Euphemisms for death The English language contains numerous euphemisms related to dying, death, burial, and the people and places which deal with death. The practice of using euphemisms for death is likely to have originated with the "magical" belief that to speak the word 'death' was to invite death (where to "draw Death's attention" is the ultimate bad-fortune -- a common theory holds that death is a taboo subject in most English-speaking cultures for precisely this reason). Most commonly, one is not dying, rather, fading quickly because the end is near. Death is referred to as having passed away or departed. Deceased is a euphemism for 'dead', and sometimes a dead person may be referred to as "late"(i.e.: "The late (name)"). Sometimes the deceased is said to have gone to a better place, but this is used primarily among the religious with a concept of heaven. someone who has died is said to have passed away, passed on, bit the big one, bought the farm, croaked, given up the ghost, kicked the bucket, gone south, shuffled off this mortal coil (from William Shakespeare's Hamlet), or assumed room temperature. When buried, they may be said to be pushing up daisies or taking a dirt nap. There are hundreds of such expressions in use. job flexibility: lack of job security (where job security means an actual or implied promise of continued employment) outsource: firing local employees to hire cheaper labor elsewhere. replacement workers: scabs or strikebreakers in labor disputes reliability enhancement: fix for a software bug. escourt from premises: kicked out/thrown out of building. intelligence: information and sources of information (spies and spying) human intelligence: information from spies and interrogated prisoners, and other information from human sources (such as weather reports or economic studies) used by a secret or military agency asset: a secret agency's recruited, clandestine human source in a foreign country (foreign spies) wet work: assassination physical persuasion or physical pressure: torture Military defense: war, as in the United States Department of Defense, formed by the merging of the Department of War and Department of the Navy neutralize or service: to kill or disable a target friendly fire: being inadvertently and mistakenly attacked by your allies collateral damage: unintentional killing or damage; bystander deaths and injuries area denial munitions: landmines bombs which kill civilians are, according to The Pentagon, "incontinent ordnance" preemptive war: to invade a foreign country so that the invading nation would not be invaded itself or be subjected to an enemy strike early on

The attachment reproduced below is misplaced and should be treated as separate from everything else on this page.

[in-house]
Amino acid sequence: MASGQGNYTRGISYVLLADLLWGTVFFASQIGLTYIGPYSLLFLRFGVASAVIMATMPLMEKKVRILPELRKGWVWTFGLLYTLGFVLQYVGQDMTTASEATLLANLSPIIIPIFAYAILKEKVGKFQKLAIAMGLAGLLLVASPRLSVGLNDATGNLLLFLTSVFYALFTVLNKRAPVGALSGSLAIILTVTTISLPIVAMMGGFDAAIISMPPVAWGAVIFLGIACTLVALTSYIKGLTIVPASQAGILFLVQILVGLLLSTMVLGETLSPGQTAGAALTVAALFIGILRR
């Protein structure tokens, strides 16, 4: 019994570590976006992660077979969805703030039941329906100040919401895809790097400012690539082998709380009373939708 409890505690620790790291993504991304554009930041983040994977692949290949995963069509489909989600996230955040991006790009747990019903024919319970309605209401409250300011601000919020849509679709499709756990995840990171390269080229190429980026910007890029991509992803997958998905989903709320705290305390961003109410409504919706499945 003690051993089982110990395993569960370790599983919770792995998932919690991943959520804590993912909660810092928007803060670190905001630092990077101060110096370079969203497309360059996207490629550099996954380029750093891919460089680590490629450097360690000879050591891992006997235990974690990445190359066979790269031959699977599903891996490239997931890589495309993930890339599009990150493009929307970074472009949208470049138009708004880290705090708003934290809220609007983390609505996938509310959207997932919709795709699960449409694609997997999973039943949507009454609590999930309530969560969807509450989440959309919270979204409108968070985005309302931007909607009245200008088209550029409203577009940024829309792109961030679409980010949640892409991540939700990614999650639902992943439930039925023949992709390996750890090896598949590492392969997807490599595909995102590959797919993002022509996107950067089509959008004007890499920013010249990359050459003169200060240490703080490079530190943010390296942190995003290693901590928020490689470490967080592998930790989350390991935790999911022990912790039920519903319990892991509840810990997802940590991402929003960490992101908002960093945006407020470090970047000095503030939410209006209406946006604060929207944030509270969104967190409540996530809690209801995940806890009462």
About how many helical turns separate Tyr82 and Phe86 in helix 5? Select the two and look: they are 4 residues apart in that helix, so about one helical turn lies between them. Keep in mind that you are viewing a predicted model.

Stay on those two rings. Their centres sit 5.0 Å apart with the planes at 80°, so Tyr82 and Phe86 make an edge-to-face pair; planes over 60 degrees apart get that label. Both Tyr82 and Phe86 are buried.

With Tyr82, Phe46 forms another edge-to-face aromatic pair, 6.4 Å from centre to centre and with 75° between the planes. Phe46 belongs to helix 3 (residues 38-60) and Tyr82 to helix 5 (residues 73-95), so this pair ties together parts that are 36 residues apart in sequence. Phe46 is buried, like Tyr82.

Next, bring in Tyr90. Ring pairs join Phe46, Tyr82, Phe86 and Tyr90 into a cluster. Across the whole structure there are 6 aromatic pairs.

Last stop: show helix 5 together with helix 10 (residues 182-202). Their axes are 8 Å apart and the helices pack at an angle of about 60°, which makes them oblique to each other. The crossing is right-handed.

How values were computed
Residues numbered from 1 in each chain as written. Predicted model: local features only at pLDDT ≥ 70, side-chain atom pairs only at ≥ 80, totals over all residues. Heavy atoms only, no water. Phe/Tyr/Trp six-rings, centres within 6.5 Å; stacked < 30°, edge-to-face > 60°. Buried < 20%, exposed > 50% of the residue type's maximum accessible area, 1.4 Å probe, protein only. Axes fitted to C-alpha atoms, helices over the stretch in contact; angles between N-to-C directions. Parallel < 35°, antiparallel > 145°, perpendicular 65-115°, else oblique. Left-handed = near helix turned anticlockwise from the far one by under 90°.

pre-hostility: peace secure an area (or mop up): kill remaining enemy soldiers aerial ordnance: the use of bombs or missiles by air asymmetric warfare: local violence or unrest, suicide bombing; contained violence. casualty: death or injury post-traumatic stress disorder, a euphemism for operational exhaustion, euphemism for battle fatigue, a euphemism for shell shock. engage: to fight the enemy head on engagement: a small battle, a brief firefight projectile: anything that can be fired at the enemy, such as bullets, artillery shells, rockets terrorist: criminal or rebel - Criminals are usually jailed, while terrorists are often shot or bombed. toublemaker, treasonist, criminal, terrorist, unpatriotic: often names for rebel, revolutionary, or folk heroes, especially by oppressive governments extreme prejudice: kill without mercy regime change: dethroning the current government/dynasty surgical strike: bombing attack by plane psychological deterrent: the largest (non nuclear) bombs, such as the Hellfire missle, Daisy Cutter, and M.O.B. - The existance of a large bomb prevents the enemy from attacking, in theory. tough love, tough decision, Good vs. Evil, ethics: key words used to justify war through moral reasoning final solution : The Holocaust